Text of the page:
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NLM AIDSLINE

Failure of IgG production due to a defect in the opening of the chromatin structure of I gamma 1 region in a patient with IgG and IgA deficiency.




 

Clin Exp Immunol. 1995 Jan;99(1):21-8. Unique Identifier : AIDSLINE

Patients with common variable immunodeficiency (CVID) display reduced levels of two or all three of the major immunoglobulin isotypes, and the deficiency is characterized by failure of B cells to differentiate into plasma cells in many cases. A patient (14 years old, female) showed normal serum IgM levels and low serum IgG and IgA levels, including low levels of all IgG subclasses. Northern blot analysis suggested that the patient's B cells may be defective at the immunoglobulin heavy chain isotype switch. The germ-line C gamma 1 transcript was amplified from cDNA of healthy controls by the addition of recombinant IL-2 (rIL-2) to pokeweed mitogen-stimulated peripheral mononuclear cells or Staphylococcus aureus Cowan I (SAC)-stimulated IgM-producing lymphoblastoid cell lines (LCL) transformed by Epstein-Barr virus, while it was not amplified from cDNA of the patient. In the I gamma 1 region of LCL cultured with SAC plus rIL-2, the inner cytosine in the 5' C-C-G-G 3' sequence nearest the 3' site of the I gamma 1 region, at least, was not completely unmethylated in the patient. Moreover, the DNase I hypersensitive site was not induced in the patient's LCL by SAC plus rIL-2. These results indicate that the defects of the immunoglobulin heavy chain isotype switch in the patient's B cells are due to failure in the synthesis of germ-line C gamma transcripts, and this may be caused by defects in opening of the chromatin structures of specific switch regions.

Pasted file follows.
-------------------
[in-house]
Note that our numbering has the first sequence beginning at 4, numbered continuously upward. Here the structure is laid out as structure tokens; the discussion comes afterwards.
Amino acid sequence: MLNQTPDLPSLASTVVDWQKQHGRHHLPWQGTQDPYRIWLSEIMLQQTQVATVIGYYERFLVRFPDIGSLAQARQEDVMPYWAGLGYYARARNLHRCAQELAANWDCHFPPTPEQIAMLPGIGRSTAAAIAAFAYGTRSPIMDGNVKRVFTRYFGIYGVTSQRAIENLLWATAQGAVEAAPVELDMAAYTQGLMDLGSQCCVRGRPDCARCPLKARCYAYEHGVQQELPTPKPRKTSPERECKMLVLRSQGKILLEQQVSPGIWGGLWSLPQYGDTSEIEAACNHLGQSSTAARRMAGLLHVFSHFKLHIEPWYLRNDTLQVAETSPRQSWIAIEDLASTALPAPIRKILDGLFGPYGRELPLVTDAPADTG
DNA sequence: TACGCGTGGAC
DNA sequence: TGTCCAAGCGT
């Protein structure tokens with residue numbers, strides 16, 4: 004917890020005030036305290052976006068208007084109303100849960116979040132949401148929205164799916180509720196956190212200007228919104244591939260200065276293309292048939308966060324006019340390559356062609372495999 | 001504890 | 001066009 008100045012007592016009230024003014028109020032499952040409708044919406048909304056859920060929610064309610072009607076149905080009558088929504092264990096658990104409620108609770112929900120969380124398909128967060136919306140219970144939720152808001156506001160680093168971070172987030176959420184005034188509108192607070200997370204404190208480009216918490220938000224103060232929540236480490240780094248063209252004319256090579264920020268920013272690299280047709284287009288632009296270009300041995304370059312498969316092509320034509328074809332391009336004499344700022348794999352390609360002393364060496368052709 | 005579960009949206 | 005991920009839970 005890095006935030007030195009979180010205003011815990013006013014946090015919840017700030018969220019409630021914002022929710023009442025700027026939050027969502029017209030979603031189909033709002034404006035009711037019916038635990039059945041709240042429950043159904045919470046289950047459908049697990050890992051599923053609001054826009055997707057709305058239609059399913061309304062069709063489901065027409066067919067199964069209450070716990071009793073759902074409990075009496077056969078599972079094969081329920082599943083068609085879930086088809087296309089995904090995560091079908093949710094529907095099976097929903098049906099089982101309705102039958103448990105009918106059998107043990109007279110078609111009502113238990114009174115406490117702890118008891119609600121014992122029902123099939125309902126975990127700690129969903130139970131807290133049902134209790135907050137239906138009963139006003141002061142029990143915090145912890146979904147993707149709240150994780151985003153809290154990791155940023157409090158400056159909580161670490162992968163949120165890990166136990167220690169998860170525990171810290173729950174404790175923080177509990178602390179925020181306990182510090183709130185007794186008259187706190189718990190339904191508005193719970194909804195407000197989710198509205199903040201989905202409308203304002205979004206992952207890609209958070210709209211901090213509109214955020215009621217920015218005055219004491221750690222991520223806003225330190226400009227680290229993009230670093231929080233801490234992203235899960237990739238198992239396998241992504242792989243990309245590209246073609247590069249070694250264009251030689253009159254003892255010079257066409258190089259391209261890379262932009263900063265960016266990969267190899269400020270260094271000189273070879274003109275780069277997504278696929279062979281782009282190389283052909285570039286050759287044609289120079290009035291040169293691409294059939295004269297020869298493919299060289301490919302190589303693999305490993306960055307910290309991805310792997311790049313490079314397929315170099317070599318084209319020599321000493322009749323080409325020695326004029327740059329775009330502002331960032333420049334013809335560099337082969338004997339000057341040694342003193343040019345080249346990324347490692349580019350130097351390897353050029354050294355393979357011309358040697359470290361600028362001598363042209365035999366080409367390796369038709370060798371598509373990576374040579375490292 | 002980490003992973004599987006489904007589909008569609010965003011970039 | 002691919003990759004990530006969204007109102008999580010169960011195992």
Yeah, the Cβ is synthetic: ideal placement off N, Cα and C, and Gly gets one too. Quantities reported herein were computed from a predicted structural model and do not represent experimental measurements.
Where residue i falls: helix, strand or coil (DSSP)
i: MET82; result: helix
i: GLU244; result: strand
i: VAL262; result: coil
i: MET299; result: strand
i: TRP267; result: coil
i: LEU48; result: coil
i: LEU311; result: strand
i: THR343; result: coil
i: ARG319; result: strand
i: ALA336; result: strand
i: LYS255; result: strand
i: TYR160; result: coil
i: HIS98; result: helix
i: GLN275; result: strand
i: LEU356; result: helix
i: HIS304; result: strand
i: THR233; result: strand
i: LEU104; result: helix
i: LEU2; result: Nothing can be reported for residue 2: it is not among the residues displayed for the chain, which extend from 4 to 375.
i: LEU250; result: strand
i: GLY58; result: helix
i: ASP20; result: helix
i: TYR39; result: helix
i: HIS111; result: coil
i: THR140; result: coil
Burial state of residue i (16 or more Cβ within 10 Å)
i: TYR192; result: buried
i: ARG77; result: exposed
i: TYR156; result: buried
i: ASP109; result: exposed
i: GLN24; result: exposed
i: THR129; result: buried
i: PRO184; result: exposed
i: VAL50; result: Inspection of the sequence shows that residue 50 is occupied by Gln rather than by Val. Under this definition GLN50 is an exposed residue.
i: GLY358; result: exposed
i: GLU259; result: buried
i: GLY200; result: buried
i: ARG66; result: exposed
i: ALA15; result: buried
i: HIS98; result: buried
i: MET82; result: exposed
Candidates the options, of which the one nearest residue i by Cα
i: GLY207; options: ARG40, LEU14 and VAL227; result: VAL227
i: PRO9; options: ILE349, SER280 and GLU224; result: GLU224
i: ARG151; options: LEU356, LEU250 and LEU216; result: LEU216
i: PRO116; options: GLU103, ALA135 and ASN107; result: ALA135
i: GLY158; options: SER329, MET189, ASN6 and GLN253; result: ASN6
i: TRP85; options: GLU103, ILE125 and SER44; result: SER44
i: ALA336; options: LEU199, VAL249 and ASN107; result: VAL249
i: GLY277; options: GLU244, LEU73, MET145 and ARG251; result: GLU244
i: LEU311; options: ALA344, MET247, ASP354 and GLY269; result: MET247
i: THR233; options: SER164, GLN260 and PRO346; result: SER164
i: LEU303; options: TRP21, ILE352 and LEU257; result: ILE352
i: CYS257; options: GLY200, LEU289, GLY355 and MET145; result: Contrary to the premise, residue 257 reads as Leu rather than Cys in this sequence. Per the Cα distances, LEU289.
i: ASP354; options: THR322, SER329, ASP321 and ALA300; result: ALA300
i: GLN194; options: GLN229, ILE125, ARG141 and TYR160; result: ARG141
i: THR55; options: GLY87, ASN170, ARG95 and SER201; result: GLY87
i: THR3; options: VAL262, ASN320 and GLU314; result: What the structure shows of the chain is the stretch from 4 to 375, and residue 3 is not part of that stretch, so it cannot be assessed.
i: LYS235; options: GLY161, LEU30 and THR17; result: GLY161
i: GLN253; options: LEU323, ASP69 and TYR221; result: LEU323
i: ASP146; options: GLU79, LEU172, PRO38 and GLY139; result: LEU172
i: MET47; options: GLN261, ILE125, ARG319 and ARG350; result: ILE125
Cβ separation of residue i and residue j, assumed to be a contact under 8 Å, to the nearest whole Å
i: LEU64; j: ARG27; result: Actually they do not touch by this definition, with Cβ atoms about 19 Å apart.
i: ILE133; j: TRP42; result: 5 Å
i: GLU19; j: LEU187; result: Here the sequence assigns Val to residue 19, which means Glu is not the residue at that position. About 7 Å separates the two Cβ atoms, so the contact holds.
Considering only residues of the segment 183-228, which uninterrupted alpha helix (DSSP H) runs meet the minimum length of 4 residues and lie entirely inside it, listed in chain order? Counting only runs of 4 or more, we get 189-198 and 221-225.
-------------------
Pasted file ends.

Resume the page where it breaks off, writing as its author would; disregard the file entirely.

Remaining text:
Adolescence Base Sequence Cell Line Chromatin/GENETICS Common Variable Immunodeficiency/*GENETICS Female Genes, Immunoglobulin Human IgA Deficiency/GENETICS IgG Deficiency/GENETICS Immunoglobulin Switch Region/*GENETICS Immunoglobulins, gamma-Chain/*GENETICS Molecular Sequence Data Transcription, Genetic JOURNAL ARTICLE



 




Information in this article was accurate in April 30, 1995. The state of the art may have changed since the publication date. This material is designed to support, not replace, the relationship that exists between you and your doctor. Always discuss treatment options with a doctor who specializes in treating HIV.